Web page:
Blog

Technical vs. Content Accessibility

If you are new to the topic of web accessibility, there is a lot to absorb about what it means to make your website accessible. Some common accessibility issues are inherent to the way your site was coded while others have more to do with the content that you populate into your site.

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You've Received an ADA Demand Letter. Now What?

Ideally, you can address accessibility gaps on your website or mobile app before you run into legal trouble. But if you have received a demand letter from a potential plaintiff, what should you do?

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The Bare Minimum for Web Accessibility

Everyone has to start somewhere. We are often asked where organizations should focus their initial efforts. This post is our attempt to sketch out a bare minimum; this isn’t enough but it should go a long way in improving your site’s user experience for all users while also reducing your risks of being sued under the ADA.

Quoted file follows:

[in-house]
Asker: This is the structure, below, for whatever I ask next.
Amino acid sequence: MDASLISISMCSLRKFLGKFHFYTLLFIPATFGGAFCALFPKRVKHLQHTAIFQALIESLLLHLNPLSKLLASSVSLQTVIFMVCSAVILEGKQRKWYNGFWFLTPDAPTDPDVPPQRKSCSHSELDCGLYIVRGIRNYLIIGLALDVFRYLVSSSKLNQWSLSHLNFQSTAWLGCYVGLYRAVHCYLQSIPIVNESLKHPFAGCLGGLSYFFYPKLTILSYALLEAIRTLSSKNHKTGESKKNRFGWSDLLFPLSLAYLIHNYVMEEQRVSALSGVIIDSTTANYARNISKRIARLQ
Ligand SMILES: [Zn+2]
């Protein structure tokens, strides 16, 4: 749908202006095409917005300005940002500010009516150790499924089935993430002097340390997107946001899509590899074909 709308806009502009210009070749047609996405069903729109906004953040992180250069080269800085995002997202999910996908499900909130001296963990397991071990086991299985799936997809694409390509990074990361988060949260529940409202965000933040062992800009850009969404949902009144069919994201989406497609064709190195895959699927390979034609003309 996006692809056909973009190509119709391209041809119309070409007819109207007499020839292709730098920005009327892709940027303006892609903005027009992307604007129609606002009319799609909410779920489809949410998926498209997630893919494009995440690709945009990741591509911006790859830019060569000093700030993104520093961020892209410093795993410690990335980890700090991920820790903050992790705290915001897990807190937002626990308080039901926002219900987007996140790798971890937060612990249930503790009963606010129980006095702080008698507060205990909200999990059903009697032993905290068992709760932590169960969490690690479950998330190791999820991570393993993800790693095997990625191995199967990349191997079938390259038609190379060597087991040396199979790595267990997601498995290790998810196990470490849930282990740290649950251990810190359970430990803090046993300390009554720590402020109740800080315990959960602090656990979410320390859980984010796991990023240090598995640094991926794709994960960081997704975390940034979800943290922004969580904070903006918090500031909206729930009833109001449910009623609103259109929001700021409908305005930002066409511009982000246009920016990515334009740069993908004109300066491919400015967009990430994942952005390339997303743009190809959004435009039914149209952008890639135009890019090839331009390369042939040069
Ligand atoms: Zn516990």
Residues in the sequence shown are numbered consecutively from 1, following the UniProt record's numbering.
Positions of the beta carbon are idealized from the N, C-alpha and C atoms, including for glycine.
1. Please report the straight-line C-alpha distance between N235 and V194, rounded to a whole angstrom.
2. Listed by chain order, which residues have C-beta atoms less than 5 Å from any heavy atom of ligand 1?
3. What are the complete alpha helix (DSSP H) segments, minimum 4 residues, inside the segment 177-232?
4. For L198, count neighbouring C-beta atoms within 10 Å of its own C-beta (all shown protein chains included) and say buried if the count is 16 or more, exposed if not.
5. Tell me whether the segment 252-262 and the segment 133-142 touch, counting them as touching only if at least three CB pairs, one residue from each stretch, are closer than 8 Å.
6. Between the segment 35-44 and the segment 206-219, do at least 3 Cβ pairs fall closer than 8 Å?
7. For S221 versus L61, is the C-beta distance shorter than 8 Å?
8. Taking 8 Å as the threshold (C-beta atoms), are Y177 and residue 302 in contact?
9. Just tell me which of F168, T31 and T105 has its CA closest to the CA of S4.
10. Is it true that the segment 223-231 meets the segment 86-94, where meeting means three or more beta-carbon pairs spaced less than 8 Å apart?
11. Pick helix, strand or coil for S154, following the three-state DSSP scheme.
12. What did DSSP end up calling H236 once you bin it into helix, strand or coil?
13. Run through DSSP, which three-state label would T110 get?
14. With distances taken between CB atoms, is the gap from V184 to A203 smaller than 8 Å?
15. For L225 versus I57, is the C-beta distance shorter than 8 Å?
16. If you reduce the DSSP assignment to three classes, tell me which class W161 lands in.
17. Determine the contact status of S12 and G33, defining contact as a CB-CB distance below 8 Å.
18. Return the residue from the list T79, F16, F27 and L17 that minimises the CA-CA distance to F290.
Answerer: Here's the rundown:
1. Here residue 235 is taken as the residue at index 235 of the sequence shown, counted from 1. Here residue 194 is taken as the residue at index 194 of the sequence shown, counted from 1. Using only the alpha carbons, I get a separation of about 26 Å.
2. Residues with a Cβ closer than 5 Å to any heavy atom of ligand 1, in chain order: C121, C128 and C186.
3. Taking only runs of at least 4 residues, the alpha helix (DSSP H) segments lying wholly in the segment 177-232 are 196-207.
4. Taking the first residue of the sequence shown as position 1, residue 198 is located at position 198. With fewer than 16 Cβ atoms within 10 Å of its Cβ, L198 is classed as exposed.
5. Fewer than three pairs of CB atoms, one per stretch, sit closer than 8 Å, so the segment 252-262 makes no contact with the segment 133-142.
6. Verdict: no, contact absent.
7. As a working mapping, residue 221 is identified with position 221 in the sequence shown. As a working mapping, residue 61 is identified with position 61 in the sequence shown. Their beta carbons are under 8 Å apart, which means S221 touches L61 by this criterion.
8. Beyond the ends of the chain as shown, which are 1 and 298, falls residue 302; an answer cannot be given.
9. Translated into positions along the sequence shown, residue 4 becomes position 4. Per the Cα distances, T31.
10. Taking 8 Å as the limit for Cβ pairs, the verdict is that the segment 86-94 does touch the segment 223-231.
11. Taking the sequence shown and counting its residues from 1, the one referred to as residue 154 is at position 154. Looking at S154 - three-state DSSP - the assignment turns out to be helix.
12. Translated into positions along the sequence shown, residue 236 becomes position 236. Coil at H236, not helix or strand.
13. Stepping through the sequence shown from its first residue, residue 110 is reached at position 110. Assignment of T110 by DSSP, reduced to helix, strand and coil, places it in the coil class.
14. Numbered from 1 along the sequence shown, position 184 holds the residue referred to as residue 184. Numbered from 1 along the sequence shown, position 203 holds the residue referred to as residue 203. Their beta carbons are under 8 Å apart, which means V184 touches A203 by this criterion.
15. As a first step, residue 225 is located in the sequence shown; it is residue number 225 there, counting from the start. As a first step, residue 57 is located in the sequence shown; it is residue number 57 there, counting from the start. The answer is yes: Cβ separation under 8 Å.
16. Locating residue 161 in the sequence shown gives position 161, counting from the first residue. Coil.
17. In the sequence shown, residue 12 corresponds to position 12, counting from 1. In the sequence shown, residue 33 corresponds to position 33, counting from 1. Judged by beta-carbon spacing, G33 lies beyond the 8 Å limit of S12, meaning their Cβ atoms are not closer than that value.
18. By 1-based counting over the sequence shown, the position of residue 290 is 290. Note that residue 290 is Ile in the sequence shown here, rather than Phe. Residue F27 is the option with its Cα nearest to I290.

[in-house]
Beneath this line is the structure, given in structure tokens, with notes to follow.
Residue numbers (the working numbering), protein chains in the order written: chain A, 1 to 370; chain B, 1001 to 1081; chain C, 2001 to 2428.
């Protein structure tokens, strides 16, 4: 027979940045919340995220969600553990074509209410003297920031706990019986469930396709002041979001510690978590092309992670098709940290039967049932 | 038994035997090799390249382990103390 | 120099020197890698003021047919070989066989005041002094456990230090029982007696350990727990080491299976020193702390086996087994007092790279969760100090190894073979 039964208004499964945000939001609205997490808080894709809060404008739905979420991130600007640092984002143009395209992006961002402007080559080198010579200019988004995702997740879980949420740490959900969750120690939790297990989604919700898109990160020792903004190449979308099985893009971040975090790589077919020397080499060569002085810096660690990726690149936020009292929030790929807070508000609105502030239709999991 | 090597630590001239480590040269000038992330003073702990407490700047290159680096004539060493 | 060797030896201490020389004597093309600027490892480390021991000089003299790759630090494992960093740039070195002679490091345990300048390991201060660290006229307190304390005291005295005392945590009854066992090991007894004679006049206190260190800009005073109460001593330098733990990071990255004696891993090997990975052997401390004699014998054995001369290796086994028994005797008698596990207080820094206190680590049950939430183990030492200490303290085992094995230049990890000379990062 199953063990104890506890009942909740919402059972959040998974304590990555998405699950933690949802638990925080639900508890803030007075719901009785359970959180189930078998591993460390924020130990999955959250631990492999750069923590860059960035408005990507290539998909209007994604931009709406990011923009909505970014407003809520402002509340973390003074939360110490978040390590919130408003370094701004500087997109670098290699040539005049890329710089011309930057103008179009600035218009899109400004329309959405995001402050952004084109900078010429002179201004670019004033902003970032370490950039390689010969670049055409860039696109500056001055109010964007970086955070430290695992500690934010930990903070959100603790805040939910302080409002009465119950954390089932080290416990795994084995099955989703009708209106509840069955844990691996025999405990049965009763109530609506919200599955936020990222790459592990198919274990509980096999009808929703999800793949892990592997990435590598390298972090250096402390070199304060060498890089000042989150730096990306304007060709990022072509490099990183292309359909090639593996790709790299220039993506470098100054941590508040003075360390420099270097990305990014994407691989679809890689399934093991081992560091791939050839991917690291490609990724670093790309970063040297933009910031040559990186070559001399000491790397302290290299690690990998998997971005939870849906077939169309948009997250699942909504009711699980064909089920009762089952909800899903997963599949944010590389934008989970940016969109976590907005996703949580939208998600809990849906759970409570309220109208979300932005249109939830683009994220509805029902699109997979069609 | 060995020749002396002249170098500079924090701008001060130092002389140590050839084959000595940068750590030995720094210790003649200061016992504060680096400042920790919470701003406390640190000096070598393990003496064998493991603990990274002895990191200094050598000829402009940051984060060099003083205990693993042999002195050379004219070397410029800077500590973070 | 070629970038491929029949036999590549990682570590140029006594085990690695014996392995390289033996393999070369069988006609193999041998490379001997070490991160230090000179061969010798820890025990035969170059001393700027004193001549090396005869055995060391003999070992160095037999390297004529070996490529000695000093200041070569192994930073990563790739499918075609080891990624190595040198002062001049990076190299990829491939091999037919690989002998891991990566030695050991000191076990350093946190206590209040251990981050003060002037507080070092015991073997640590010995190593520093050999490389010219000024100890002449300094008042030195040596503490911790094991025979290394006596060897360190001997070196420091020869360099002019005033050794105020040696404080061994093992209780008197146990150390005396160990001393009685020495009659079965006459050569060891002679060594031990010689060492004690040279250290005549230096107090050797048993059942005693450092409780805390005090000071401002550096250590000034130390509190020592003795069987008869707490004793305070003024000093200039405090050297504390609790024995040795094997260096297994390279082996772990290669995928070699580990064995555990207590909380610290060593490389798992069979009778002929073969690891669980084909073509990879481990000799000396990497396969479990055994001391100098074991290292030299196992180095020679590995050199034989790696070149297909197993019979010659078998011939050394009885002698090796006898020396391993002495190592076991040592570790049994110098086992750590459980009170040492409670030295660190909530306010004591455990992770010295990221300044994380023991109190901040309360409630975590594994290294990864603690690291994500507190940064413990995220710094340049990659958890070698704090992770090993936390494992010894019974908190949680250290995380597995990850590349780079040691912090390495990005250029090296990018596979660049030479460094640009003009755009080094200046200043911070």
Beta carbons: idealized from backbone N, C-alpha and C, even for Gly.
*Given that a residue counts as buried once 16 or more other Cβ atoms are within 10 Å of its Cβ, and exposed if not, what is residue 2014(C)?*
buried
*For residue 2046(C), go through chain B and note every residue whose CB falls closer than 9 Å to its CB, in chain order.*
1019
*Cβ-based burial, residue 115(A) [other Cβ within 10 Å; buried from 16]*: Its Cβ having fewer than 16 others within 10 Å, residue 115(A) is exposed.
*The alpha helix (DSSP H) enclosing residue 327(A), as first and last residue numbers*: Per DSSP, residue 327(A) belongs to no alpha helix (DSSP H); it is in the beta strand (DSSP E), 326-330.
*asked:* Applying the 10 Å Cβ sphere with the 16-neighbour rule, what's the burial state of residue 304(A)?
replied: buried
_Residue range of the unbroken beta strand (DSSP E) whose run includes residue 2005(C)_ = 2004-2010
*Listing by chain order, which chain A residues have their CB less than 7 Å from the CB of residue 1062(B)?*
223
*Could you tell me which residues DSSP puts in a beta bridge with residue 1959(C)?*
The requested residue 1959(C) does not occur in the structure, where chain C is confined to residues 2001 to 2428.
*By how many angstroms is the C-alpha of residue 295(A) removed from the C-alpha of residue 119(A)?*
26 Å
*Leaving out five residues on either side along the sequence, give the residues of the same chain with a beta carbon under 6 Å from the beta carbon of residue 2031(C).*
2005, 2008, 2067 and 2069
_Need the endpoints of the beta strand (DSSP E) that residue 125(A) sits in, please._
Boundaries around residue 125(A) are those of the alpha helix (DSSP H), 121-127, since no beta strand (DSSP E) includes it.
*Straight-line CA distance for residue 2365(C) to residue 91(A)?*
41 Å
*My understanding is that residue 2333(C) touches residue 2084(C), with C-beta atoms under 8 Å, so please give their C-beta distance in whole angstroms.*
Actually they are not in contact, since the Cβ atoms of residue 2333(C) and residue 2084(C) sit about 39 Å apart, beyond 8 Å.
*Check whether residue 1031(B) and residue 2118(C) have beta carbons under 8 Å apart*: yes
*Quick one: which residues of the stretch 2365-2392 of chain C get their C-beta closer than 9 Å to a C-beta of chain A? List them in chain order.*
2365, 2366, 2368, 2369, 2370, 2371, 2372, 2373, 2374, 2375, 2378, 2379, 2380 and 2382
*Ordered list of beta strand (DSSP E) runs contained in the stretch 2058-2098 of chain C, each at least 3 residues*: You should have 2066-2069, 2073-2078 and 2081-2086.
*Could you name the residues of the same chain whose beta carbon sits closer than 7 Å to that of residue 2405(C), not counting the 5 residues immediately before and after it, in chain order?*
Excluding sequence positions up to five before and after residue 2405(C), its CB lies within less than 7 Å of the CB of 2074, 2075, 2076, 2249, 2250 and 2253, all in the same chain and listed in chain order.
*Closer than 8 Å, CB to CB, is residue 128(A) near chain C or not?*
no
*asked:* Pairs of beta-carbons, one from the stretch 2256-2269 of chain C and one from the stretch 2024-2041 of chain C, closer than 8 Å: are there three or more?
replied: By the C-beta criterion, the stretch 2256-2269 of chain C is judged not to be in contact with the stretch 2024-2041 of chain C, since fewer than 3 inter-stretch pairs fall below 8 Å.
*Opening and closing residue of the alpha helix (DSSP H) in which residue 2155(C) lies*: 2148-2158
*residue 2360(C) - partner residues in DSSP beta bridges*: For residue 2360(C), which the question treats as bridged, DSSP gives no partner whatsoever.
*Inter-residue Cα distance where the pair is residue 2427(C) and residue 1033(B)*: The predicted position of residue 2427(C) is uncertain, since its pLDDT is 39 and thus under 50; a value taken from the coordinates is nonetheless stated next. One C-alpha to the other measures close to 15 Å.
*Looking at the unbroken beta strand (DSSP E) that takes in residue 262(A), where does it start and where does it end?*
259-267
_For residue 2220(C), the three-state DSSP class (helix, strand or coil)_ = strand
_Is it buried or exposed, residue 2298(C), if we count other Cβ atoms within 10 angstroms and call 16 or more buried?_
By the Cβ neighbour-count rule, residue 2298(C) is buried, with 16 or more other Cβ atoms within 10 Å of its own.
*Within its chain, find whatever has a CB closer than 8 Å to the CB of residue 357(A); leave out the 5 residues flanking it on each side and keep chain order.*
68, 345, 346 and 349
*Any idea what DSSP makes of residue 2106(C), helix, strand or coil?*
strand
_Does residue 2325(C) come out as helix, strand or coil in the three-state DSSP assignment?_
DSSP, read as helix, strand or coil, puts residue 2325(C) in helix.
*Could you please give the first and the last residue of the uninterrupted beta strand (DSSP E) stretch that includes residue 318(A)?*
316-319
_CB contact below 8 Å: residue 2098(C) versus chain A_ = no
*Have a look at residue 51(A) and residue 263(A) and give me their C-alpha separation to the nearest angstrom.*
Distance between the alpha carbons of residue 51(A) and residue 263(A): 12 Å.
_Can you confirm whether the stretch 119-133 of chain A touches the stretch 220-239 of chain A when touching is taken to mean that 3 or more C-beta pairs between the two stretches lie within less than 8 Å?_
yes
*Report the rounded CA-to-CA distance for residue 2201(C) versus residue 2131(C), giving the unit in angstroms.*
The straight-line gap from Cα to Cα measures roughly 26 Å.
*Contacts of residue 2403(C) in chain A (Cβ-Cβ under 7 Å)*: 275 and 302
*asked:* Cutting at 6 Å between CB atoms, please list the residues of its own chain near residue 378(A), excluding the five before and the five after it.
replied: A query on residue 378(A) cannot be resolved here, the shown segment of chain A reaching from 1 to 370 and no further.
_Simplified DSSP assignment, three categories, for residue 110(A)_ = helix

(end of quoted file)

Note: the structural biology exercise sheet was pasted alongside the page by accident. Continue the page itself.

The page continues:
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DOJ's New Guidance on Web Accessibility and What It Means For Your Business

New federal guidance is a huge milestone for digital accessibility and an improvement over the previous uncertain status quo. That said, we were disappointed that the contents of the guidance document falls short of what we would have hoped for.

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Planning Content Accessibility Training for Your Organization

Even if your website is technically coded to be 100% ADA compliant, your content authors and editors also need to know how to write and structure accessible content. Providing content accessibility training is a way of communicating to internal teams that digital accessibility and compliance with the ADA is a priority.

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